Aiden has been hitting himself on the head since about 3 months after his hemispherectomy in August. Over time, the behavior has worsened.At first we thought he was doing it for attention because when we'd tell him "no", he'd smile as if he got the reaction he wanted and then stopped the behavior. Then it progressed to him doing it when we'd try to get him to do something he didn't want to do. Now he does it even when no one is bothering him. We've tried ignoring the behavior but he continues to hit himself even when he's doing something he enjoys. We've tried firmly holding his arm and telling him "no" but that just makes it worse. If we hold his arm, he begins head-butting.
At a recent eye exam, Aiden exhibited this behavior and his doctor suggested an elbow restraint called a "pedi wrap" and I Googled that as soon as I got home. In my search, I read that there are many possible reasons why a person with disabilities may engage in self-injurious behavior including: pain, frustration, sensory, biochemical or communication. Another article I came across on the internet suggests using restraints as a means of behavior modification. So, I asked Aiden's PT if we could borrow one to try at home. She explained that it shouldn't be placed on his arm unless he begins hitting himself. So, we are putting it on and taking it off 15-20 times a day. It's ridiculous. And when it's on him, he finds other ways to hit his head, like on the floor or wall.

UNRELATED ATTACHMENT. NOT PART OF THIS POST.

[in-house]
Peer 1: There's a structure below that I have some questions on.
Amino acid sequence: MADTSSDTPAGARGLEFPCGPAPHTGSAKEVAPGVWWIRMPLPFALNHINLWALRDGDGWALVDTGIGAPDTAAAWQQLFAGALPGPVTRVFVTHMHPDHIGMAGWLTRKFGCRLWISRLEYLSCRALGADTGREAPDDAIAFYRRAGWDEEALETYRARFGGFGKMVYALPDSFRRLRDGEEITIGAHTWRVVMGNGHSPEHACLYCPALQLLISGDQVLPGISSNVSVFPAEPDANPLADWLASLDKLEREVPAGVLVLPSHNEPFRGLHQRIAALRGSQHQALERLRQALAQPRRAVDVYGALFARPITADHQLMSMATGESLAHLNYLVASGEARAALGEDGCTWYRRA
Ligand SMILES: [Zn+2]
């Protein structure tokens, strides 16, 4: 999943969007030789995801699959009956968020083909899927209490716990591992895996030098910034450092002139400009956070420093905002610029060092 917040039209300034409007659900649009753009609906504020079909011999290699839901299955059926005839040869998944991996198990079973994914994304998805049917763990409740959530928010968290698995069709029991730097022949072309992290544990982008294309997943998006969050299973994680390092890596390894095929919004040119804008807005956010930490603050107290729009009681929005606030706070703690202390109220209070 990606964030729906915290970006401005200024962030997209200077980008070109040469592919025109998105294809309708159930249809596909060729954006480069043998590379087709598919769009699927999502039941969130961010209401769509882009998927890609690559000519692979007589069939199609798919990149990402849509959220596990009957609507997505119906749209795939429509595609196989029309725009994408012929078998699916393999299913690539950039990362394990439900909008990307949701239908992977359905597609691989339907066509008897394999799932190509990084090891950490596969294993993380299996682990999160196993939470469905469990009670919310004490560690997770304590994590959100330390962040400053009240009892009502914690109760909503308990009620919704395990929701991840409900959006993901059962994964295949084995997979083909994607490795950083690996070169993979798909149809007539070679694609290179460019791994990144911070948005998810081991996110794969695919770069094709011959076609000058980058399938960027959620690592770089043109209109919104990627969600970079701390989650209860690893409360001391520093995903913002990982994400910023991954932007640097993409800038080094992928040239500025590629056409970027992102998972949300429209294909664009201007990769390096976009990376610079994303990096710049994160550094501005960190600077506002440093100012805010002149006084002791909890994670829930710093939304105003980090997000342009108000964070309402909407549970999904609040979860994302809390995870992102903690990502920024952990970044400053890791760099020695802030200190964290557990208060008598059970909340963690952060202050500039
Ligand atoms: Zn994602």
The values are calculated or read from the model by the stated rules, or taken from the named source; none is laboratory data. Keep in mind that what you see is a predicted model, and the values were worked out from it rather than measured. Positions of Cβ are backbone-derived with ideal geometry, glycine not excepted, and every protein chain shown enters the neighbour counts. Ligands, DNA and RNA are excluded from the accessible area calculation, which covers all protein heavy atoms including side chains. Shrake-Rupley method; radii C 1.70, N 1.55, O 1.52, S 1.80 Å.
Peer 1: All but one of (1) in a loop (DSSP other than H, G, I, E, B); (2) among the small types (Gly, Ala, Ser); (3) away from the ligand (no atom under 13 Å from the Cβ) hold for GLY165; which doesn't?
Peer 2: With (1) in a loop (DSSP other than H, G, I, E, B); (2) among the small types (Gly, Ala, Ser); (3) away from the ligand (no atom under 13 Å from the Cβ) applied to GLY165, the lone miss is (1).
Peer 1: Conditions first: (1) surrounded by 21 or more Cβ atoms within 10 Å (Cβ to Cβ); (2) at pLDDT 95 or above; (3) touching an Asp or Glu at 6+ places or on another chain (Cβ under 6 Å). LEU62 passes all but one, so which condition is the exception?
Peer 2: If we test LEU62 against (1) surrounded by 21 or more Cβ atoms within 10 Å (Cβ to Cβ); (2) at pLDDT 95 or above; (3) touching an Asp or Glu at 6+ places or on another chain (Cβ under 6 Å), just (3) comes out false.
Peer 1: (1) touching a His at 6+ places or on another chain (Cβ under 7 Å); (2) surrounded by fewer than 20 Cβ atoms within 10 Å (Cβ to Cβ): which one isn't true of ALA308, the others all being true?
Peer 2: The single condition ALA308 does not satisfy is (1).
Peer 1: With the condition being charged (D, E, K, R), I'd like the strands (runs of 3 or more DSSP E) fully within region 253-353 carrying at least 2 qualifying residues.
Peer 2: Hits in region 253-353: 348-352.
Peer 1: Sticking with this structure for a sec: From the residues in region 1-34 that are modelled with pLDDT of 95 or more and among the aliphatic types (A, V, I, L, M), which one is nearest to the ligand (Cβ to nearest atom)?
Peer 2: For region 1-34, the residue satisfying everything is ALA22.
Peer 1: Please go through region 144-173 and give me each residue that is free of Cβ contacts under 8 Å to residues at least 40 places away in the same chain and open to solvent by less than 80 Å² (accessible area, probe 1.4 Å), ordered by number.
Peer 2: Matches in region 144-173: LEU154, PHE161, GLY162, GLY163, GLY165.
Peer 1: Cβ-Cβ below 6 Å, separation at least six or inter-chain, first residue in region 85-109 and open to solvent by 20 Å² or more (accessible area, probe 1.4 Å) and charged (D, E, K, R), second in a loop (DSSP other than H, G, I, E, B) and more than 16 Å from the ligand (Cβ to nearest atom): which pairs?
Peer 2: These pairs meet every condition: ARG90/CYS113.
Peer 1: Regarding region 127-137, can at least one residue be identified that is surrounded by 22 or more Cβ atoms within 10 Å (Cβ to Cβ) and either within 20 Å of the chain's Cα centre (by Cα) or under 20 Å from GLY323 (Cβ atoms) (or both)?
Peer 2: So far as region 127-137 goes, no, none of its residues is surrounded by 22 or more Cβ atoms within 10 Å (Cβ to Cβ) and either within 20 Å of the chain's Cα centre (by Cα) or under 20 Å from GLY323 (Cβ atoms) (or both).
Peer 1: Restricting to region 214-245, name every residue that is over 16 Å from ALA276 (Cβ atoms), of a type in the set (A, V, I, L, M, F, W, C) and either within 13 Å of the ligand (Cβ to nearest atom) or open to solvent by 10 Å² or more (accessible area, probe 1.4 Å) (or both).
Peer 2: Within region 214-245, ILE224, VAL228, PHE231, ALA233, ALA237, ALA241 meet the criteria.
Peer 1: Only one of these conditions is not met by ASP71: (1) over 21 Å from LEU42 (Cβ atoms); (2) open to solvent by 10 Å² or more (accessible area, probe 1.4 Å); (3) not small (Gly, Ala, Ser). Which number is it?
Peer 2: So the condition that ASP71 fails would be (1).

Now, I am concerned that this isn't a behavior or sensory issue at all but a sign of pain or hydrocephalus. So, I emailed Dr. Sankar at UCLA and he called me right away. He's pretty sure it's a purposeful behavior but he suggested I schedule an appt. with Aiden's pediatrician to rule out ear infection or teething. He also scheduled a CT scan to rule out hydrocephalus. Then if those are negative, he suggested we try Tylenol or Advil as it might be due to post-craniotomy migraine and then see if the behavior stops. If above do not pan out and if initial tantrums evolve into an obsessive behavior pattern, he will elect to treat Aiden with Celexa.
Please pray for my little boy; that this is just a phase and that there isn't a serious underlying issue. I am fairly confident after speaking with Dr. Sankar that it is an issue of behavior brought on by his inability to communicate his wants, needs and frustrations with words.